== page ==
5 Best Positions For Bottle Feeding A Baby And How To Introduce It

5 Best Positions For Bottle Feeding A Baby And How To Introduce It

12 Feb 2018 | 5 min Read

Nancy Singh

Author | 13 Articles

If you’re wondering how to introduce a bottle to your breastfed baby, it is better to wait for about three to four weeks postpartum to ensure your milk supply is well established. Get someone else to make the first few attempts if possible. If you notice that your baby isn’t taking the bottle, try varying the bottle and nipple temperature and move around.  You can even try some of the best positions to bottle feed your baby.

Read on to find the best bottle-feeding positions for breastfed babies to successfully bottlefeed your baby. Feeding a baby can get messy, so keeping a pack of baby wipes can come in handy.

When To Introduce Bottle To Your Breastfed Baby

If you’re breastfeeding, it is recommended that you wait until your baby is three to four weeks old. Plus your breastfeeding should also be well established before introducing a bottle. Waiting a few weeks to introduce the bottle to your baby, helps reduce the risk of nipple confusion or a preference for bottles over the breast.

When to first introduce the bottle varies depending on whether you’re bottle feeding because you’ll be away from your baby, or because you’ve been asked to add formula to your routine.

If you’re returning to work after maternity leave, start bottle-feeding several weeks before you go back so that you’ll have plenty of time to help your baby to adjust to the bottle.

How To Bottle Feed A Baby

Unlike breastfeeding, sucking milk from a bottle requires your baby to use different mouth and tongue movements. Hence it may take your baby some time to get used to this change. It is also important that you pick the correct bottle feed position for your baby. Try these tips for an easier transition to the bottle-

1. Let Someone Else Feed Your Baby

If you try to give your baby the first bottle feed, he/she may wonder why they’re not getting your breasts. Hence, your baby may be less confused if someone else makes the first feed. You can ask your partner, a childcare provider or a friend to help. Choose a different spot from the one where you regularly breastfeed.

2. Offer A Bottle In Place Of A Regular Feeding

Pick a time in which your baby tends to be less fussy at mealtime. This can be during the mornings. The amount of formula or breast milk you’ll need to give your baby per feeding varies on your baby’s age and weight. Plus, it is also important to follow one of the best positions for bottle feeding that works for your baby.

3. Feed From The Bottle After Regular Feeding

If you’re especially anxious about offering the bottle, or if your baby baulked at the bottle in place of the breast on your first attempt, you may want to get them used to the bottle by offering it an hour or two after they’re already fed. That way your baby won’t be frenzied for food and may be more open to experimenting with a new food source. Start with a small amount of breast milk – about 1/2 ounce.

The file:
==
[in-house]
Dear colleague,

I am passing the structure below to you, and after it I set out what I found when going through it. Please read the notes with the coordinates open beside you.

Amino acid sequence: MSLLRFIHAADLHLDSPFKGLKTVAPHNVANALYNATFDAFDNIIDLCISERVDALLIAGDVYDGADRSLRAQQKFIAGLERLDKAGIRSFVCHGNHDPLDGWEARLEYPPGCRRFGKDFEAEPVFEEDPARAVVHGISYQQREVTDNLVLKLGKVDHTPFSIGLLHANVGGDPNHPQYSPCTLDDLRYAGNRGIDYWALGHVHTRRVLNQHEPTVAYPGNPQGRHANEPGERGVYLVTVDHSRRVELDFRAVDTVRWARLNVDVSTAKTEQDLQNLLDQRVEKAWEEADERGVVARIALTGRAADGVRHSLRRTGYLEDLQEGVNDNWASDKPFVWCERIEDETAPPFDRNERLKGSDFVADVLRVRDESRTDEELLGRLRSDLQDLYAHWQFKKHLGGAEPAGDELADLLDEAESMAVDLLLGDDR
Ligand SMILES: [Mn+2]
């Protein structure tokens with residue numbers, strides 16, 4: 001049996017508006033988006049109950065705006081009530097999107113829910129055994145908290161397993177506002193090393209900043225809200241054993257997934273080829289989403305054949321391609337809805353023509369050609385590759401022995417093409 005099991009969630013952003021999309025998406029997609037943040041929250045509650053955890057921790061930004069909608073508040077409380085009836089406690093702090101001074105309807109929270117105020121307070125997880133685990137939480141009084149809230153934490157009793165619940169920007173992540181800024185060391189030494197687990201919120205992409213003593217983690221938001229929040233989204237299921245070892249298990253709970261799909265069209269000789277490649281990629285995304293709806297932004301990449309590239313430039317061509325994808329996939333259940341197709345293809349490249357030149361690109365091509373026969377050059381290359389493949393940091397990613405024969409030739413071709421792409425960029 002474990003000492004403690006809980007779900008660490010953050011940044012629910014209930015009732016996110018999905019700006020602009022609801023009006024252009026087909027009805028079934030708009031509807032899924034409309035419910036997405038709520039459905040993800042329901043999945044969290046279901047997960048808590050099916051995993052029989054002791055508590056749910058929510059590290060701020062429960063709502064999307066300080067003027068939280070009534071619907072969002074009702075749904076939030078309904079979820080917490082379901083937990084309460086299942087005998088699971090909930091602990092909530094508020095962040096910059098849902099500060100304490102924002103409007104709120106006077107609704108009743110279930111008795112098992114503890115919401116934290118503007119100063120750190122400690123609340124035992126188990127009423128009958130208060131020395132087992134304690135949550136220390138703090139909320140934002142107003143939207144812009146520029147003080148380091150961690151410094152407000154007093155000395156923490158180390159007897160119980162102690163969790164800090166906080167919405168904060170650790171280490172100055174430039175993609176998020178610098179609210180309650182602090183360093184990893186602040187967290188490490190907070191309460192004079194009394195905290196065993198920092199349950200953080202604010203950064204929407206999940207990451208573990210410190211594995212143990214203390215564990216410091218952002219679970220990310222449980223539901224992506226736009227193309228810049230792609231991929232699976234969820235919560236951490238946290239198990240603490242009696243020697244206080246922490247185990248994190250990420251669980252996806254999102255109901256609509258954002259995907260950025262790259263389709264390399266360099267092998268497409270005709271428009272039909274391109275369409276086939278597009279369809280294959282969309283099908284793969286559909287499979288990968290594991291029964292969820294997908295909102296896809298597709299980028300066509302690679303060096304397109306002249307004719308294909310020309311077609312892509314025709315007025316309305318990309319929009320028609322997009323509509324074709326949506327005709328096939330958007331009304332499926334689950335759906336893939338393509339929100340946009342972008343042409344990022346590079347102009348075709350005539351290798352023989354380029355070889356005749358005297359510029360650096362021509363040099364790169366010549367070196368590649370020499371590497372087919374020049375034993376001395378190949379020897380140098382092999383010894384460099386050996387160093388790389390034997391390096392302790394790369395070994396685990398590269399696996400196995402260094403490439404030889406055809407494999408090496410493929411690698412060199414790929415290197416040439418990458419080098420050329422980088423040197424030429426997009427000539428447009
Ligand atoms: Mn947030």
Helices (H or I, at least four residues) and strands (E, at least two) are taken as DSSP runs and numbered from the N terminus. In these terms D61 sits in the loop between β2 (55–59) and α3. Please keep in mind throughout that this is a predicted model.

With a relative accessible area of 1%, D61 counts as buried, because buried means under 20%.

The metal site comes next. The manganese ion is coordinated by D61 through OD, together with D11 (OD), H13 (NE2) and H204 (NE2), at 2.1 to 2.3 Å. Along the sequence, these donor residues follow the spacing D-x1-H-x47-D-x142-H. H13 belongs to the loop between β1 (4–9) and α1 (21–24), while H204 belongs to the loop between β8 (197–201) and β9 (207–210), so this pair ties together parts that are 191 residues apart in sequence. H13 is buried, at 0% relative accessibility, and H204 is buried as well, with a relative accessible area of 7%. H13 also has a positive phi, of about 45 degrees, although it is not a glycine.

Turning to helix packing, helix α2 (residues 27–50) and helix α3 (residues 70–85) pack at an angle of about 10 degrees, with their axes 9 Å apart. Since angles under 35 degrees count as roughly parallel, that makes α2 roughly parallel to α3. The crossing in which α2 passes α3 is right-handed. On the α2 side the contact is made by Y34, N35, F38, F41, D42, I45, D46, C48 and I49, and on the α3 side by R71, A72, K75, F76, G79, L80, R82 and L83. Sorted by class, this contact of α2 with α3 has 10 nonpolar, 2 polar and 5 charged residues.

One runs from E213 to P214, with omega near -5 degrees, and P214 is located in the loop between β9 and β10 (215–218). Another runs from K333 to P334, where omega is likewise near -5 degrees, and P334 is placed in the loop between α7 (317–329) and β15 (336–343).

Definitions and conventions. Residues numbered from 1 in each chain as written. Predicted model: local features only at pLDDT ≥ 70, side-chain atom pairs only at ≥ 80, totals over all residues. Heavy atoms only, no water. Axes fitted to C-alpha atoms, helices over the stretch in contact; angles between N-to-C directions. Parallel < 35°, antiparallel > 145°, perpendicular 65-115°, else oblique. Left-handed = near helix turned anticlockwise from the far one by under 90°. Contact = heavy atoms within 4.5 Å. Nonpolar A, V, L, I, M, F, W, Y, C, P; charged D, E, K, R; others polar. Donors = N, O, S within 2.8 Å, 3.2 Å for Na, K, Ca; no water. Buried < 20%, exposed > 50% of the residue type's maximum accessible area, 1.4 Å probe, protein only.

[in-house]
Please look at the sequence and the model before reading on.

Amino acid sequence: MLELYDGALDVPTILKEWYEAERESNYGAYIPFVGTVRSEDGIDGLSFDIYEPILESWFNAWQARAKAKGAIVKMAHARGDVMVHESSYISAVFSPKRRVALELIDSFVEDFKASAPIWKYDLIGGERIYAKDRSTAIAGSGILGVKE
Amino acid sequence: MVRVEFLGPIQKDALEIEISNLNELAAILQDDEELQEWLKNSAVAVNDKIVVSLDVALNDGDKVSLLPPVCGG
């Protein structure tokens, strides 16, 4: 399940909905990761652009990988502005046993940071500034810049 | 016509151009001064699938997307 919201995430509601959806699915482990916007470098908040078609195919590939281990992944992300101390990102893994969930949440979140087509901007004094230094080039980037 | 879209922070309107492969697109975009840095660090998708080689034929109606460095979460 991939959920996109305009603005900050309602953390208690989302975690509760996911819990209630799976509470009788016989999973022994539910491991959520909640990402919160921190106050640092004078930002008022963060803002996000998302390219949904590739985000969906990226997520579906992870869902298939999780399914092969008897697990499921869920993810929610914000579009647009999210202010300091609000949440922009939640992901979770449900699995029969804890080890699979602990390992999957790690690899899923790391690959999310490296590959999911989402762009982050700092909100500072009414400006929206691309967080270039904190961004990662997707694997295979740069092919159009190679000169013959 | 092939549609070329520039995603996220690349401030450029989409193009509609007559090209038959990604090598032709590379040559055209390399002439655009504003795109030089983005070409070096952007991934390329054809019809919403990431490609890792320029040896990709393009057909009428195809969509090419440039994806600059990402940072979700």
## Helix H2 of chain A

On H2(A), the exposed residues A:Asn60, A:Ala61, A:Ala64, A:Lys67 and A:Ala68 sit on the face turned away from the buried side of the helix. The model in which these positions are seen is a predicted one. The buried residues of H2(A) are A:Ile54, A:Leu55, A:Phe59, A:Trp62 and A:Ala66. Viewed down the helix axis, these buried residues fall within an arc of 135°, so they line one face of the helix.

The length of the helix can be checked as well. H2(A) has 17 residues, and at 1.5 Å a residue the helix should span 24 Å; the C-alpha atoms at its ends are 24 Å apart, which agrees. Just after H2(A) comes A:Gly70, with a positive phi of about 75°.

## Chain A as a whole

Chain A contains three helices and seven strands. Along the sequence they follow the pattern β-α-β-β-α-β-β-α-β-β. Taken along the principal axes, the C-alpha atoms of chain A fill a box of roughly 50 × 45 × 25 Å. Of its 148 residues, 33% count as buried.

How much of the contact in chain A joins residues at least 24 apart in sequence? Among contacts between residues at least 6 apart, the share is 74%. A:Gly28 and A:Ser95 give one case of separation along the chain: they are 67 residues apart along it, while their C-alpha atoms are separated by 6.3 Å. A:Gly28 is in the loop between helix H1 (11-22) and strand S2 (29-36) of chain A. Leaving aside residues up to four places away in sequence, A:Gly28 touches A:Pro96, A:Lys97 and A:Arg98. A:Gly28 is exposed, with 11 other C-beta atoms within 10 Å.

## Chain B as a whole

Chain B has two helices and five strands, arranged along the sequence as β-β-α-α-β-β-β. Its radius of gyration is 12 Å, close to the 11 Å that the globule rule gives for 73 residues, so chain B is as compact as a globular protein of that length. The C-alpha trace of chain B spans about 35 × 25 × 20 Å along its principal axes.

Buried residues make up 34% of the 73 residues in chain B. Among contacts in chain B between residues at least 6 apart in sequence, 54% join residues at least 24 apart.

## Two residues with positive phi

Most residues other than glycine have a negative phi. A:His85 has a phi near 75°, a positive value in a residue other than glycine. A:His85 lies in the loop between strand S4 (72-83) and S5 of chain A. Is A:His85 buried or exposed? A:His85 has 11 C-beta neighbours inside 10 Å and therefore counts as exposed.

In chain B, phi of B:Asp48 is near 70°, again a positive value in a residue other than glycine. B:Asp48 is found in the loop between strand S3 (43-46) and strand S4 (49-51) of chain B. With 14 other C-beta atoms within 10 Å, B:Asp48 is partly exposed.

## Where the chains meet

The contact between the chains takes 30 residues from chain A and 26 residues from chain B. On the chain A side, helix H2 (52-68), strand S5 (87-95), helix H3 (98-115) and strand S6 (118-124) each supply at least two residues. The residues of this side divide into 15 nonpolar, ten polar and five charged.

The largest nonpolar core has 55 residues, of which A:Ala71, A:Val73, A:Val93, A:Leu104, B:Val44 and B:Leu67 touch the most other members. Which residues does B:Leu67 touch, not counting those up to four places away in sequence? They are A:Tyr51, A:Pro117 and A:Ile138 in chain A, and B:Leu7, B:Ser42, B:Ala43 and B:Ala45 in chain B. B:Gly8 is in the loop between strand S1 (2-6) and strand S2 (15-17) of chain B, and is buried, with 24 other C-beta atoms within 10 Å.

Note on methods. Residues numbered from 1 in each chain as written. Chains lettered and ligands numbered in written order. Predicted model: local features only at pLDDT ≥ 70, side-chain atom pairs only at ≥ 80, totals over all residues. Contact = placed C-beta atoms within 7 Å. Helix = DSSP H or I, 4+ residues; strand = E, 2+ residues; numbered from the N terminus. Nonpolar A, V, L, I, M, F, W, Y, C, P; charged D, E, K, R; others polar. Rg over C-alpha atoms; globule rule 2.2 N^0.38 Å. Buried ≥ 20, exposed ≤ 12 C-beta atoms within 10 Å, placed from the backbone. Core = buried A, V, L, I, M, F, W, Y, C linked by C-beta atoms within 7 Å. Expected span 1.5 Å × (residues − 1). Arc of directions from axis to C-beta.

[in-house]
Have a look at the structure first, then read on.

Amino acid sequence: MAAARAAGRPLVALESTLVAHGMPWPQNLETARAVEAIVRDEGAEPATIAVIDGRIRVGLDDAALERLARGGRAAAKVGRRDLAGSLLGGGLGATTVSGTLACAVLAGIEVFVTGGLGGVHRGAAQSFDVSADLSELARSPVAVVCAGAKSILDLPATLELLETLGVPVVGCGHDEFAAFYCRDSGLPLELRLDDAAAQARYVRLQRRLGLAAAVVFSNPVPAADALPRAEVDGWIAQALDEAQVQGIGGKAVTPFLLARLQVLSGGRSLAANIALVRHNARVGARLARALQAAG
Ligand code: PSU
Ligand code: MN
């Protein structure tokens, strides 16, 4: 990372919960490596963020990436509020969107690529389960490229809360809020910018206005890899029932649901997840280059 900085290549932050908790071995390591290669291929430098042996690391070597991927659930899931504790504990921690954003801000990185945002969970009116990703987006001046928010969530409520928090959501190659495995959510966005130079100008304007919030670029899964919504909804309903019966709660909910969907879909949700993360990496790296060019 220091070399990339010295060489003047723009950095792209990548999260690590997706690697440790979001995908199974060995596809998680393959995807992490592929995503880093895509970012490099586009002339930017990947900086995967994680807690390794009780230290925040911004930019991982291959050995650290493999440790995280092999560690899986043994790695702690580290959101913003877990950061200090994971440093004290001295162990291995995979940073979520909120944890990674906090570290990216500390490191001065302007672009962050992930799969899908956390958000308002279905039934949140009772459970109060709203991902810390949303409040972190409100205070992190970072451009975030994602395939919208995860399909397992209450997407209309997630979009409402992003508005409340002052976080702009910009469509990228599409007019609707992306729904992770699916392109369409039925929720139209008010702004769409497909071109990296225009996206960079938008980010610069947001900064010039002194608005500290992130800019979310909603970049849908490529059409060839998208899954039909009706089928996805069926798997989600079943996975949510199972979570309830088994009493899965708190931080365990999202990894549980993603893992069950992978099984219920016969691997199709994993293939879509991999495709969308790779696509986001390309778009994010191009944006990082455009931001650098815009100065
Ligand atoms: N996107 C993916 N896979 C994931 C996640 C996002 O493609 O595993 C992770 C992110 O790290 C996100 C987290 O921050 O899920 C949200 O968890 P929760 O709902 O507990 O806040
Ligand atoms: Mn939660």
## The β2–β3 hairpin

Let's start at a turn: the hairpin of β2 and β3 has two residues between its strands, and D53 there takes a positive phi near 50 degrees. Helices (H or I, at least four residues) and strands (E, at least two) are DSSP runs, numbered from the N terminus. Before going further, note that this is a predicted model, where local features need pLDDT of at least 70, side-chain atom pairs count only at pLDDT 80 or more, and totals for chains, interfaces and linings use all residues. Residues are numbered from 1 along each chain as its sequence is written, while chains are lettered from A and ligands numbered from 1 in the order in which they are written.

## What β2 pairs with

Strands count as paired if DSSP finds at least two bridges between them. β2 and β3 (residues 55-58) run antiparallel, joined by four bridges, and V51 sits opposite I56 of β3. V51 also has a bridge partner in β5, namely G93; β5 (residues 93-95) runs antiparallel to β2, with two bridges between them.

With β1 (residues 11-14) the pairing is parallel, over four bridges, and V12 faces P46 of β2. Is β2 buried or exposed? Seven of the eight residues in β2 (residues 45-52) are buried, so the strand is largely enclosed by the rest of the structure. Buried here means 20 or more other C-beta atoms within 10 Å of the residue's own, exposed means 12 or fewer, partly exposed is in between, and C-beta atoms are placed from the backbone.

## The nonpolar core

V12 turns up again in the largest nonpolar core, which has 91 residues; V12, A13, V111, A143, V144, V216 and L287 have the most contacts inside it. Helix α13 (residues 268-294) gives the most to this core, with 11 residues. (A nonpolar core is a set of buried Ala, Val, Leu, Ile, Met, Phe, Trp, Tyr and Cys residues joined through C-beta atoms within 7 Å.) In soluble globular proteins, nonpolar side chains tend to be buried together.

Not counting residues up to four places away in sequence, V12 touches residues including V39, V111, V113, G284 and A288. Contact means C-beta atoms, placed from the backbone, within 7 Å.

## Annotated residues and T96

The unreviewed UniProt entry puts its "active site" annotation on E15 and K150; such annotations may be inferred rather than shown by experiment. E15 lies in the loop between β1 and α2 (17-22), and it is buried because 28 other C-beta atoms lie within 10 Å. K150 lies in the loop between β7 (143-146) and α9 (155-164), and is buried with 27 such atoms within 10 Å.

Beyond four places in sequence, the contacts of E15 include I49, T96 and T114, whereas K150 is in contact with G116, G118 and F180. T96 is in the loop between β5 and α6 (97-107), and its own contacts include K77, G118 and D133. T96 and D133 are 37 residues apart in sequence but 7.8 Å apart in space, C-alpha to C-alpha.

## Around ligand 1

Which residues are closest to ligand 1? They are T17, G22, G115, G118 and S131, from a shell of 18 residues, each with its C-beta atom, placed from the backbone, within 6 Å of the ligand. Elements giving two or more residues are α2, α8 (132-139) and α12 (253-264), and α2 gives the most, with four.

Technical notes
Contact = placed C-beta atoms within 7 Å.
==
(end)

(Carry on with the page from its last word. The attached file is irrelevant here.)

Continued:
upright bottle feeding and  proper bottle feeding technique
For a proper bottle feeding technique, you can let someone else feed your baby the first bottle / Image credit – Alibaba

4. Check The Milk Temperature

Breastfed babies can be particular about the temperature of their milk. Many babies prefer milk that’s the temperature of your body or a bath (about 98 degrees Fahrenheit). You can soak the bottle in a bowl of hot water or use a bottle warmer to bring it up to temperature.

5. Stay Away

A baby can smell their mother, even from a distance, so they may know that you (and your breasts) are nearby. If your baby refuses a bottle with you nearby, try going to a different room during feedings.

best positions for bottle feeding and bottle feeding positions for breastfed babies
Try the upright bottle feeding if your baby has reflux by sitting down and placing your baby on your lap / Image credit – Pexels

Bottle Feeding Positions For Breastfed Babies

1. Cradle Your Baby

Cradling your baby is one of the best positions for bottle feeding. Rest your baby’s head in your elbow bend and tilt them up slightly so they’re at a comfortable angle. This position also provides some skin-to-skin contact.

2. Use A Feeding Pillow

You can use nursing pillows for breastfeeding. Some babies enjoy being positioned on a pillow for mealtime. You can pick a traditional C-shaped nursing pillow that works as it provides one of the best positions for bottle feeding. It allows the baby to relax and feel comfortable during a feed.

While this option frees up your arms, remember that you’ll still need to hold the bottle for your baby.

3. Sitting Position

Opt for the upright bottle feeding position as the baby sits down upright in your lap with their back against her stomach and chest. This position is best suited for infants with reflux. Ensure that you tip the bottle to fill the nipple with milk.

4. Rest Your Baby On Your Legs

For this position, you can either sit or lay down. Then prop your baby on your legs with the baby’s back against your thighs. The baby’s head needs to be near your bent knees. This is one of the best positions for bottle feeding as it allows for eye contact and interaction.

The idea of bottle feeding can be new and you may face hurdles but with these proper bottle feeding techniques, your baby will soon adapt to it.

Cover image credit- Canva